This list is not exhaustive, so depending on resources, to do home working properly from scratch would realistically take weeks to set up, and even that would be optimistic, as opposed to days, even if the company has its own IT internal resource.  How the set up works and is put into practice will also depend on what IT systems are currently being used, as some might be much easier than others.Therefore, if a business is going to take any short cuts, then they have to accept the risks that come with that and do the best that they can, and look to improve as time goes on. It will be a case of weighing up the risks of lack of remote access against the risks of facilitating remote access.  It could be expected that external IT consultants are going to be very busy in the short term and also charging premium rates, so there may also be substantial cost involved.

There won’t be a one size fits all requirement and what is listed above are things that could be considered good enough in some circumstances but equally they may not be good enough in others.  It will be for individual businesses to decide what security measures would be appropriate but extracting a database containing personal data and putting it on an unencrypted memory stick is unlikely to ever be sufficient.

Employees won’t necessarily be committing a criminal offence by undertaking activities which are not secure, but they are exposing their employers to liability. Employers need to think carefully about how they manage this risk and exposure appropriately and as best they can in the circumstances.  

Consider sending an email to employees to remind them of their obligations, which may be contained within employment contracts or policies and procedures as to how they should be handling and protecting personal data, specifically reiterating that they must not download the database or make any personal or unlawful use of the data.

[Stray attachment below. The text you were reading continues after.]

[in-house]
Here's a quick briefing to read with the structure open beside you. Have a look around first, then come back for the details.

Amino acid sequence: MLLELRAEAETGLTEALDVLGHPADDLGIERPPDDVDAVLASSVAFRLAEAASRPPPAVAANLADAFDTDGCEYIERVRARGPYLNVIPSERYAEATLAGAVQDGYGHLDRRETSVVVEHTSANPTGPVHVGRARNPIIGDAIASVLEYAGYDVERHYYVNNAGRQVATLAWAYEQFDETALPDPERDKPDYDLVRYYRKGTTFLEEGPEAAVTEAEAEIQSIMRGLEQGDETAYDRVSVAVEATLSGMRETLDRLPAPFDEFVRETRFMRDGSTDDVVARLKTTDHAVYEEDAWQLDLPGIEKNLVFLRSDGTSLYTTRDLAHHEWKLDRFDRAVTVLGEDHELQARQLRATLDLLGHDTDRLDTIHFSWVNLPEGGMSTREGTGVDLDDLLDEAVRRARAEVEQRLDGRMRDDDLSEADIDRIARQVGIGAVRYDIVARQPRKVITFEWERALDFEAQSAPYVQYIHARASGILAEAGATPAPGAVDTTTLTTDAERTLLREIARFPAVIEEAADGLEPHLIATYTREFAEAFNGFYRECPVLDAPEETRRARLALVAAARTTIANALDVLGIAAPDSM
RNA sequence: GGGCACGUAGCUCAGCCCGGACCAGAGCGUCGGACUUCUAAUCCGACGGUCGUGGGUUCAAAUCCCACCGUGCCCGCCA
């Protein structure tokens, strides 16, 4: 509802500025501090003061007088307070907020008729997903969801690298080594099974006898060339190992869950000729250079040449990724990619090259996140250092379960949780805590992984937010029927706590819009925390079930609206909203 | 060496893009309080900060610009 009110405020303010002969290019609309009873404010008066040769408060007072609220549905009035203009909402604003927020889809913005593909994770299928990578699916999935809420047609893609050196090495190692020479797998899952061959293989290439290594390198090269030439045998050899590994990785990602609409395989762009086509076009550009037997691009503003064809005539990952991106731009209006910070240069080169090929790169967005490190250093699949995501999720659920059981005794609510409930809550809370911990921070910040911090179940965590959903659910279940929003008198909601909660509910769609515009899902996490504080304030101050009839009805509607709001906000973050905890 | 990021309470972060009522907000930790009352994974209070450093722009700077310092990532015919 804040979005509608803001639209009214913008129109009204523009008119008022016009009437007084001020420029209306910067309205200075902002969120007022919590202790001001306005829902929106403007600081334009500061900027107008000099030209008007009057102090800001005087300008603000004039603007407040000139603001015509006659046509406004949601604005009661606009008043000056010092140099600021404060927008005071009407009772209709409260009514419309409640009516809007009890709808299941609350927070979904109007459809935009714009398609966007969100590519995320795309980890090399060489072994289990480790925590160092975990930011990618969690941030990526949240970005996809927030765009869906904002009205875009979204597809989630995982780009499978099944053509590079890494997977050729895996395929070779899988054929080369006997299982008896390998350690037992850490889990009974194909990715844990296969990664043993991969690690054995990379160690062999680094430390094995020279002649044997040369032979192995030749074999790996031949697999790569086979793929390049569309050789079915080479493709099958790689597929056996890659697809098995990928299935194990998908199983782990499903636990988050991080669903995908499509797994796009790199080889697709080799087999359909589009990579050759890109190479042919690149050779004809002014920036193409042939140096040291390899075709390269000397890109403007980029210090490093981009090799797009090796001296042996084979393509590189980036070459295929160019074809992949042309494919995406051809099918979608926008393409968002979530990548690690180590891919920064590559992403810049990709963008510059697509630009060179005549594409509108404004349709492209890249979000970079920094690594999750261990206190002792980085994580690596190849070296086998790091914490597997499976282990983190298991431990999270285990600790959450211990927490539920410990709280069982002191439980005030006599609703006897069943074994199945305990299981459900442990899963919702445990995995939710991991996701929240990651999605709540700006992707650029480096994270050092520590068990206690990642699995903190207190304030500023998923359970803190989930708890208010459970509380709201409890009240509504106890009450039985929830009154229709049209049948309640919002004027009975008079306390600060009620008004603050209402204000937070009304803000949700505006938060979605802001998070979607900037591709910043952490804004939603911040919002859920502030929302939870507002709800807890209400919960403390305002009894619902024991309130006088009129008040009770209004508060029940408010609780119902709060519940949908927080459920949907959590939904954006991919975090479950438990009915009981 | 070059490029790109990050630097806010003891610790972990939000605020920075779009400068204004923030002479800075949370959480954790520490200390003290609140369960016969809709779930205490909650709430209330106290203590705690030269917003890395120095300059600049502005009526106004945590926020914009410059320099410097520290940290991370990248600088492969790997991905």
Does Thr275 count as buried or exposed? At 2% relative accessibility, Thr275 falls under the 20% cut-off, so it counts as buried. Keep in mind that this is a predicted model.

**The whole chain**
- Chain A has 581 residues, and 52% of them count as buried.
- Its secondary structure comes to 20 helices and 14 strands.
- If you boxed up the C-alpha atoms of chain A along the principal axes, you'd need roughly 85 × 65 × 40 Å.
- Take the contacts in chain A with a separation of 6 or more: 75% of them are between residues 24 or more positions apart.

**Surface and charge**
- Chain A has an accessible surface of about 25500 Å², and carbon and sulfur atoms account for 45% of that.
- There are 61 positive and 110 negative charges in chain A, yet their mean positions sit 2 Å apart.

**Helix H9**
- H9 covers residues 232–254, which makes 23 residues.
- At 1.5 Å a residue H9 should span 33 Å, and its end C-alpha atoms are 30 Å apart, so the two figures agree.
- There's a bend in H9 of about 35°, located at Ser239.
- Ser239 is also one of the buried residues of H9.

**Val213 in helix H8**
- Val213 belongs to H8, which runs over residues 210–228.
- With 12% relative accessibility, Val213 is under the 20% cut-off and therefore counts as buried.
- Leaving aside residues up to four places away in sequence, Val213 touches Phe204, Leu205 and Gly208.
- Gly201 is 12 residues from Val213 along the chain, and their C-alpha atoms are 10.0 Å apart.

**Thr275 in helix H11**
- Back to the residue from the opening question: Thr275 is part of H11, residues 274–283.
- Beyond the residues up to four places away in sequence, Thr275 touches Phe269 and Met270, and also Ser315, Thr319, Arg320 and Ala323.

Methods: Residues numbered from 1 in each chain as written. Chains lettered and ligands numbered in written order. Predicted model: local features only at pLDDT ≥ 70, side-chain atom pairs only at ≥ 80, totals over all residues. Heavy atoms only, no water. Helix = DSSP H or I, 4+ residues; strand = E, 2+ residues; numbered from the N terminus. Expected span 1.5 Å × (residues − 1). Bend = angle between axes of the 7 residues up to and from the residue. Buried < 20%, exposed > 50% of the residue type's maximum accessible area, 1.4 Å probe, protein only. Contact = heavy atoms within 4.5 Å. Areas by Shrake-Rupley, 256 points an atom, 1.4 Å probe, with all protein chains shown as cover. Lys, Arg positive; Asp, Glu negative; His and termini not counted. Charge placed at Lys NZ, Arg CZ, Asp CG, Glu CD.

A final consideration would be to the protection of data and confidentiality where employees have devices and smart speakers such as Amazon Echo or Google Nest. There have been reports that these devices listen to everything that is said where they are located and that humans have access to those voice recordings. This could pose a security threat and therefore companies have to decide how to manage this, it could include not disclosing confidential or sensitive data when they are nearby or in use, checking default settings to reduce the risk or switching them to mute or off during the working day.  

Whilst the standards applicable to protecting personal data have not changed as a result of COVID 19, the ICO have stated: 

“The ICO recognises the unprecedented challenges we are all facing during the Coronavirus (COVID-19) pandemic.  We know you might need to share information quickly or adapt the way you work. Data protection will not stop you doing that. It’s about being proportionate - if something feels excessive from the public’s point of view, then it probably is.”

The ICO have also a series of questions and answers on their website, one of which is:


More of our staff will be homeworking during the pandemic. What kind of security measures should my organisation have in place for homeworking during this period?


Data protection is not a barrier to increased and different types of homeworking. During the pandemic, staff may work from home more frequently than usual and they can use their own device or communications equipment. Data protection law doesn’t prevent that, but you’ll need to consider the same kinds of security measures for homeworking that you’d use in normal circumstances.

In simple terms whilst the ICO may be a little less enthusiastic about enforcement of data protection requirements as a result of COVID 19 and give businesses some short term latitude, the standards themselves have not changed and the extent of any latitude the ICO will give is uncertain, so any organisation giving remote access to personal data in an unsecure way will have to face the risk of enforcement action if something goes wrong or the unsecure access comes to the attention of the ICO.

More information

To find out more direct from the Information Commissioners website page for Coronavirus see, or contact our experts listed below.